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Meal kits poised to eat restaurants’ lunch, study finds

The threat posed to restaurants by so-called meal kits is underscored in new research that shows where consumers will squeeze billions of dollars from their food budgets to buy the assemble-your-own dinners.

Sales of the kits—fresh, prepped ingredients shipped to consumers’ home for assembly and cooking—topped $1 billion in 2015, according to new data from Technomic, a division of the company that owns Restaurant Business. U.S. sales totaled about $400 million.

Technomic projects sales will increase to about $4 billion in the next five years, a tenfold jump.

Instead of buying the meals one at a time, consumers usually pay for a subscription—regular, automatic shipments of the kits to the customer’s home over a set period. Among consumers who said they may consider a subscription in the future, 94 percent indicated the funds would come from cutting back on other food expenditures. Forty-seven percent of those would-be subscribers said they would buy fewer delivered and takeout restaurant meals, and 37 percent reported they would dine out less often.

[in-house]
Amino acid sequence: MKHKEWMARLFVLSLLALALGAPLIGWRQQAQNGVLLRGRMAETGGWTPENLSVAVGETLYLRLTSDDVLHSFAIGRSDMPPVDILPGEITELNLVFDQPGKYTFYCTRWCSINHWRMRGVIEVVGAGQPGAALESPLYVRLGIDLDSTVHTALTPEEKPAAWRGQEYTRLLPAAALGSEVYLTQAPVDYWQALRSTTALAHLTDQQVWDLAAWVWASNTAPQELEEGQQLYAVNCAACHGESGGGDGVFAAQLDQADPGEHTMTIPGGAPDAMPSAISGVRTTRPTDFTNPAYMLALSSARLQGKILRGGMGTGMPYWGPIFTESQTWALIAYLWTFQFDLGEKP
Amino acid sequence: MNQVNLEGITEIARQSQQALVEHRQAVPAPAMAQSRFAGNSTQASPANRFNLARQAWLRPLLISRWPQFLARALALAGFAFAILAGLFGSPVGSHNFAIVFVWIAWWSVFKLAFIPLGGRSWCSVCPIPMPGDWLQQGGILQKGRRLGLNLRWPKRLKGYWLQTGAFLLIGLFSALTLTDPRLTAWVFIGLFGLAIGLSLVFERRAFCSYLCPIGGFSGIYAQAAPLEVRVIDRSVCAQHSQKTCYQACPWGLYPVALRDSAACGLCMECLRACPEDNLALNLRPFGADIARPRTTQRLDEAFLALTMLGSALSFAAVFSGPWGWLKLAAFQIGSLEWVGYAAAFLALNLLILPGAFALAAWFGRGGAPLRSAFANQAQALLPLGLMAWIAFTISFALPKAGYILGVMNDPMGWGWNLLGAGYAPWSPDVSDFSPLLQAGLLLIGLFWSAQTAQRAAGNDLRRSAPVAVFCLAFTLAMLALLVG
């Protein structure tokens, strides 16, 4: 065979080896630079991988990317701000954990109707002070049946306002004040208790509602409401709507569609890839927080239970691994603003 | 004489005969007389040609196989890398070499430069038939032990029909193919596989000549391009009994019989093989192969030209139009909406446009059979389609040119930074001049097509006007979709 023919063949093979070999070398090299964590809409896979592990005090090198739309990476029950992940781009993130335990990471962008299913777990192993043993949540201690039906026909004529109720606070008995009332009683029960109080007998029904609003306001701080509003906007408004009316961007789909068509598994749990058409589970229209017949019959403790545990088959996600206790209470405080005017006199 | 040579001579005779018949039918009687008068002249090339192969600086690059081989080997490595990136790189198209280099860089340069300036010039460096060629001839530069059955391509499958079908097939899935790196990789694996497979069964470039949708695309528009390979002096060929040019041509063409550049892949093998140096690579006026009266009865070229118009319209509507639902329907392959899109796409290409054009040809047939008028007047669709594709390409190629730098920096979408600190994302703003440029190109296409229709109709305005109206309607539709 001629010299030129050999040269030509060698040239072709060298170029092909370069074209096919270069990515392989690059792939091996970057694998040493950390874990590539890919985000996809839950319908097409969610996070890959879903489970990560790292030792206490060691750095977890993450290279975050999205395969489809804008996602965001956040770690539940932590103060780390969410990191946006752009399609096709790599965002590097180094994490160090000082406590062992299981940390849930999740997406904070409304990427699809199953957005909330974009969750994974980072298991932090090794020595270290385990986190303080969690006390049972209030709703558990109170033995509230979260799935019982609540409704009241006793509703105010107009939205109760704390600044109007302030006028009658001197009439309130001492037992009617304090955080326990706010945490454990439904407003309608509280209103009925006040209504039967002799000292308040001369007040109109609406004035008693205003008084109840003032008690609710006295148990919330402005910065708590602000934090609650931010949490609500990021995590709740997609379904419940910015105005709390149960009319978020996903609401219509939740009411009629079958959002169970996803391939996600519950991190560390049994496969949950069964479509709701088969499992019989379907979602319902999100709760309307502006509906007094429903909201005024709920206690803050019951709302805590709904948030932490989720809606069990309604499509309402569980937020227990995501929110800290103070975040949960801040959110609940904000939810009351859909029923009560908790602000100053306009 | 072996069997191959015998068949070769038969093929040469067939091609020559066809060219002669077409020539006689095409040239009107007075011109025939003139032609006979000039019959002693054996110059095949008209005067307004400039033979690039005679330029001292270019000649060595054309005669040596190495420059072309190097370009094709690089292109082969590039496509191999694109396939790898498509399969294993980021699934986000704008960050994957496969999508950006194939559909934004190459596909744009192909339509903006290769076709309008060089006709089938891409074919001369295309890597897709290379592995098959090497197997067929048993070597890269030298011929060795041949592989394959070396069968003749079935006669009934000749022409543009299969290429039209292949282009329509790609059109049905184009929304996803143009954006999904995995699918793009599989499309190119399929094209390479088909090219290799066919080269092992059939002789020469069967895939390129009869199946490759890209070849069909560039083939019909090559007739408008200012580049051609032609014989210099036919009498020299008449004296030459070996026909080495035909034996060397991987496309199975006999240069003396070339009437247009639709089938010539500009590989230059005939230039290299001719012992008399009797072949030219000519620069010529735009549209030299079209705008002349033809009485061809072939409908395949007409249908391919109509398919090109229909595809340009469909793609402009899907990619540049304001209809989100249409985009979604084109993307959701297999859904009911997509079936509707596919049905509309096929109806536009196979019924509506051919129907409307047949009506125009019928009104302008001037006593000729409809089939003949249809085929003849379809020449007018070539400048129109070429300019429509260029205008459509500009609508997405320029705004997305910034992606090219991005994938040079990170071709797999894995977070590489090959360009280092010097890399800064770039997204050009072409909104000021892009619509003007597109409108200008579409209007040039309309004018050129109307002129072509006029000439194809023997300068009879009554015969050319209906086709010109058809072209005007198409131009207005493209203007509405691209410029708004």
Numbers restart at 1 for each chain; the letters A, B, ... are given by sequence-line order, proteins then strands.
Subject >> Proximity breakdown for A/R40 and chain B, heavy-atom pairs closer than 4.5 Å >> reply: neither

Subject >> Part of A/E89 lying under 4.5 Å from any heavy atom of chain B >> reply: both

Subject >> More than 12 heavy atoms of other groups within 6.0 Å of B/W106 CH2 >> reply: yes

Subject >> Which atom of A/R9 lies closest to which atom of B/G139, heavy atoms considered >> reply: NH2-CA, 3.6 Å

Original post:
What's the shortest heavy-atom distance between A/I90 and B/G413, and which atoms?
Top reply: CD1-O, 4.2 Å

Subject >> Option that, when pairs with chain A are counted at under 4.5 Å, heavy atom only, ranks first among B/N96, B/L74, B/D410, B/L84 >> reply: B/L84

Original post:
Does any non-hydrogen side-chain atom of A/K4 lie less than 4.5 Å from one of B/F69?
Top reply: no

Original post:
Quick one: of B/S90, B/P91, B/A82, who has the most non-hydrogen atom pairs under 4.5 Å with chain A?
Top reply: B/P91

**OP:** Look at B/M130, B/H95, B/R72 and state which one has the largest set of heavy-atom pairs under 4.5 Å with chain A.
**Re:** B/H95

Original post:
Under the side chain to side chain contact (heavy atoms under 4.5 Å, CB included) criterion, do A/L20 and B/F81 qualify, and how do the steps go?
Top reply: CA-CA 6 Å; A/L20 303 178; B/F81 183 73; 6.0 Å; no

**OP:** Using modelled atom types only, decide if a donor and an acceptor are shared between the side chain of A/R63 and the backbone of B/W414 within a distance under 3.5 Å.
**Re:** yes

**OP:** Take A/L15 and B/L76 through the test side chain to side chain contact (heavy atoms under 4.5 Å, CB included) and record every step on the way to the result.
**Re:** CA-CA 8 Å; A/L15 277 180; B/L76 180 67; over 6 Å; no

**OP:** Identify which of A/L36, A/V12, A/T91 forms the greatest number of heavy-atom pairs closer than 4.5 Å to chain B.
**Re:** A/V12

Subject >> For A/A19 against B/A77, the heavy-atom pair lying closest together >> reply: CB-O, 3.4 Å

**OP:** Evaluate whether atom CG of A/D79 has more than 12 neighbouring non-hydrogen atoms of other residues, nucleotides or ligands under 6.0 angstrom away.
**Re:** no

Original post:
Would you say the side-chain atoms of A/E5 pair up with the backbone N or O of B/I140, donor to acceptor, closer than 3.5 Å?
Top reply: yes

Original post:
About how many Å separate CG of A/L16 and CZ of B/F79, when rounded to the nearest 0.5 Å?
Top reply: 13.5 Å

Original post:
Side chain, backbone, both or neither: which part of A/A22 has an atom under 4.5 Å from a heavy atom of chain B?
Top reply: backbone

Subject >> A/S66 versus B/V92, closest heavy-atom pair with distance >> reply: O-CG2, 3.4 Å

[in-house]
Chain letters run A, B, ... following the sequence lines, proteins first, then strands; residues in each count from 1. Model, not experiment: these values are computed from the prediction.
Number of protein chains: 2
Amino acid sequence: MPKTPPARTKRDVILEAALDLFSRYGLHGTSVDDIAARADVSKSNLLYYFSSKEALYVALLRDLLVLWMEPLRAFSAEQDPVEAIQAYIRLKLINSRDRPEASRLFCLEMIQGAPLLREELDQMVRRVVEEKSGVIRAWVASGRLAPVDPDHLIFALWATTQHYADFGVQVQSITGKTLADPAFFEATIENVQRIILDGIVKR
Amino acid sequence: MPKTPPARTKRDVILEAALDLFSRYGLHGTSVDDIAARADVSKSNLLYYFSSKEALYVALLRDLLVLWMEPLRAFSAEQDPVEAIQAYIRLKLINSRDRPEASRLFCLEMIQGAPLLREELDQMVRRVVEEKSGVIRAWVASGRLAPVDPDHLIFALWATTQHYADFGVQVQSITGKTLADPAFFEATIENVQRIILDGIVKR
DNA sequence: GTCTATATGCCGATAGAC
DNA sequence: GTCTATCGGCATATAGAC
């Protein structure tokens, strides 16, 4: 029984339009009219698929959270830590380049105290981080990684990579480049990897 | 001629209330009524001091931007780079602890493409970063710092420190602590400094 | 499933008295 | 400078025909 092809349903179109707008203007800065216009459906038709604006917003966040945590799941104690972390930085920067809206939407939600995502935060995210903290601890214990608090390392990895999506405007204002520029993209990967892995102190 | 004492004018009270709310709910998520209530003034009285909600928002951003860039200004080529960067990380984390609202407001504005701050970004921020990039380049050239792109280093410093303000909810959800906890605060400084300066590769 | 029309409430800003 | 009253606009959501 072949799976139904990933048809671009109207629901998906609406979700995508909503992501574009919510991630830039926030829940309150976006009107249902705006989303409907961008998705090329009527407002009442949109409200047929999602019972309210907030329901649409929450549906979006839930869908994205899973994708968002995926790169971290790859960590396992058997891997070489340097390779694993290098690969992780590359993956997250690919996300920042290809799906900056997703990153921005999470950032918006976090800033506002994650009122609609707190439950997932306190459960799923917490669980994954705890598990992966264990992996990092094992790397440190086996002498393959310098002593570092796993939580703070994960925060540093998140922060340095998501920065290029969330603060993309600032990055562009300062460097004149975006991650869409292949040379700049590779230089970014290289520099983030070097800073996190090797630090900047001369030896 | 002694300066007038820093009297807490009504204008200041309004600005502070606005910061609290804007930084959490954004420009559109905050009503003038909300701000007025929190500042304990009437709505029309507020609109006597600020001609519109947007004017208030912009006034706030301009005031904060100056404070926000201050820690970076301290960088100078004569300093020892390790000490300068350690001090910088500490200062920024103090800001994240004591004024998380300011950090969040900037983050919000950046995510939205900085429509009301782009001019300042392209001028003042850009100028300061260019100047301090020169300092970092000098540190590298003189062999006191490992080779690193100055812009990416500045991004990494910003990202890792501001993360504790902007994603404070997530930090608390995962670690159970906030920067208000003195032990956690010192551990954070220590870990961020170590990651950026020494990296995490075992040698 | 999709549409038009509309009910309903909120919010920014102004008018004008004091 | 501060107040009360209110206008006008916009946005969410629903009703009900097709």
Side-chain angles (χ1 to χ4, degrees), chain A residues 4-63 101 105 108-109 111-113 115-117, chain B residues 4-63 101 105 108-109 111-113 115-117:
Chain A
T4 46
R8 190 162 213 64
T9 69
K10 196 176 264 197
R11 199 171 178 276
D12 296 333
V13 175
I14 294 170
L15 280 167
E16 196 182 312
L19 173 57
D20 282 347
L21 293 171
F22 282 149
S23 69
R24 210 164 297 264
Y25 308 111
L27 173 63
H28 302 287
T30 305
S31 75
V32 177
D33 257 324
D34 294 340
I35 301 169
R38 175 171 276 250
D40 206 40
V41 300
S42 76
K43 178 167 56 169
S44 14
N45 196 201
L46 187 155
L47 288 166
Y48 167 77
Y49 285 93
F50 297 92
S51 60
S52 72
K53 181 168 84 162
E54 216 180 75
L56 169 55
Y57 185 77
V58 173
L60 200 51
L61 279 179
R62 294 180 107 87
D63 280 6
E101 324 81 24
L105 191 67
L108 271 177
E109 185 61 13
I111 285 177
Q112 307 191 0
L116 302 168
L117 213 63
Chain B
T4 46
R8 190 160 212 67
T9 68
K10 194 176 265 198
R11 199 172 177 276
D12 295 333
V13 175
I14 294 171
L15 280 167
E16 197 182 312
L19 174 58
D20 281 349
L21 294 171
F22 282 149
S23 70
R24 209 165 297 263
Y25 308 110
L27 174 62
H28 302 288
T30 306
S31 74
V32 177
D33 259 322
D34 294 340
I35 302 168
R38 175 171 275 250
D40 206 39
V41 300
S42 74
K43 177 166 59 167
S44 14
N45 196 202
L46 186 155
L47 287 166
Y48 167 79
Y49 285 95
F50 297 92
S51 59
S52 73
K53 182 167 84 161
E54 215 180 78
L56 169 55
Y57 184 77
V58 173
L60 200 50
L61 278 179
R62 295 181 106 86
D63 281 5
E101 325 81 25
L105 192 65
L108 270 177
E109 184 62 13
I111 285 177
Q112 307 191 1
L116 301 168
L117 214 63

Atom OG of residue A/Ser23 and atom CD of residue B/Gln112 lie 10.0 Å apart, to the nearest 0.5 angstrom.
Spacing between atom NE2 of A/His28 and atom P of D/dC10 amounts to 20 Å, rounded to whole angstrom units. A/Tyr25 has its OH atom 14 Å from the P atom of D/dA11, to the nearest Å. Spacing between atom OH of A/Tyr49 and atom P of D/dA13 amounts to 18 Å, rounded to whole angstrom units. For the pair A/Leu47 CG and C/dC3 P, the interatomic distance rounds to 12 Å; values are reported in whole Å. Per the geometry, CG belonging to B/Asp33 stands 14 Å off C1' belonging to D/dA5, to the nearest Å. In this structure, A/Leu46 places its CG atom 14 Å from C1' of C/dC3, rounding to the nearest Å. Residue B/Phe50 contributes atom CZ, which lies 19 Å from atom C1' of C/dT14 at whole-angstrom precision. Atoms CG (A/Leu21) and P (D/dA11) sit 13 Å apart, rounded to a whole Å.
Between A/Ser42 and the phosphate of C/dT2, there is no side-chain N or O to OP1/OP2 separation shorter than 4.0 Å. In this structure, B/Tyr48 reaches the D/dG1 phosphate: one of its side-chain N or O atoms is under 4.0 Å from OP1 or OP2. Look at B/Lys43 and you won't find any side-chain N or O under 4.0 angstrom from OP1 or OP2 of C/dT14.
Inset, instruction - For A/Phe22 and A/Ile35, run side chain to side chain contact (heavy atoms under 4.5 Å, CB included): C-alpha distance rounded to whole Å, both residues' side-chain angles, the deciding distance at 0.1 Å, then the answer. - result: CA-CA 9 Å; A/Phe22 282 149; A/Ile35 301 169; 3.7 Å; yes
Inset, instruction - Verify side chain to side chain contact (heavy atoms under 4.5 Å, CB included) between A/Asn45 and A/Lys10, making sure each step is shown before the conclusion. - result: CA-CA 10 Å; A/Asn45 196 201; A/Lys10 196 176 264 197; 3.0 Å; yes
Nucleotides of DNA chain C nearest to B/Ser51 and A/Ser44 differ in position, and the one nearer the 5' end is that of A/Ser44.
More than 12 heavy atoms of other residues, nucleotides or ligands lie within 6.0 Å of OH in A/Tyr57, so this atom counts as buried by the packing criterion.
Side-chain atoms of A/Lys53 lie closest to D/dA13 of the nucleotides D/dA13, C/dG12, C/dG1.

A majority of the necessary dollars, or 57 percent, would be redirected from grocery budgets, according to Technomic.

It terms the emerging field a “niche market” that is “disrupting food consumption norms.”

The findings are part of a new study by the Chicago researcher, the Fresh Food Subscription Study. 

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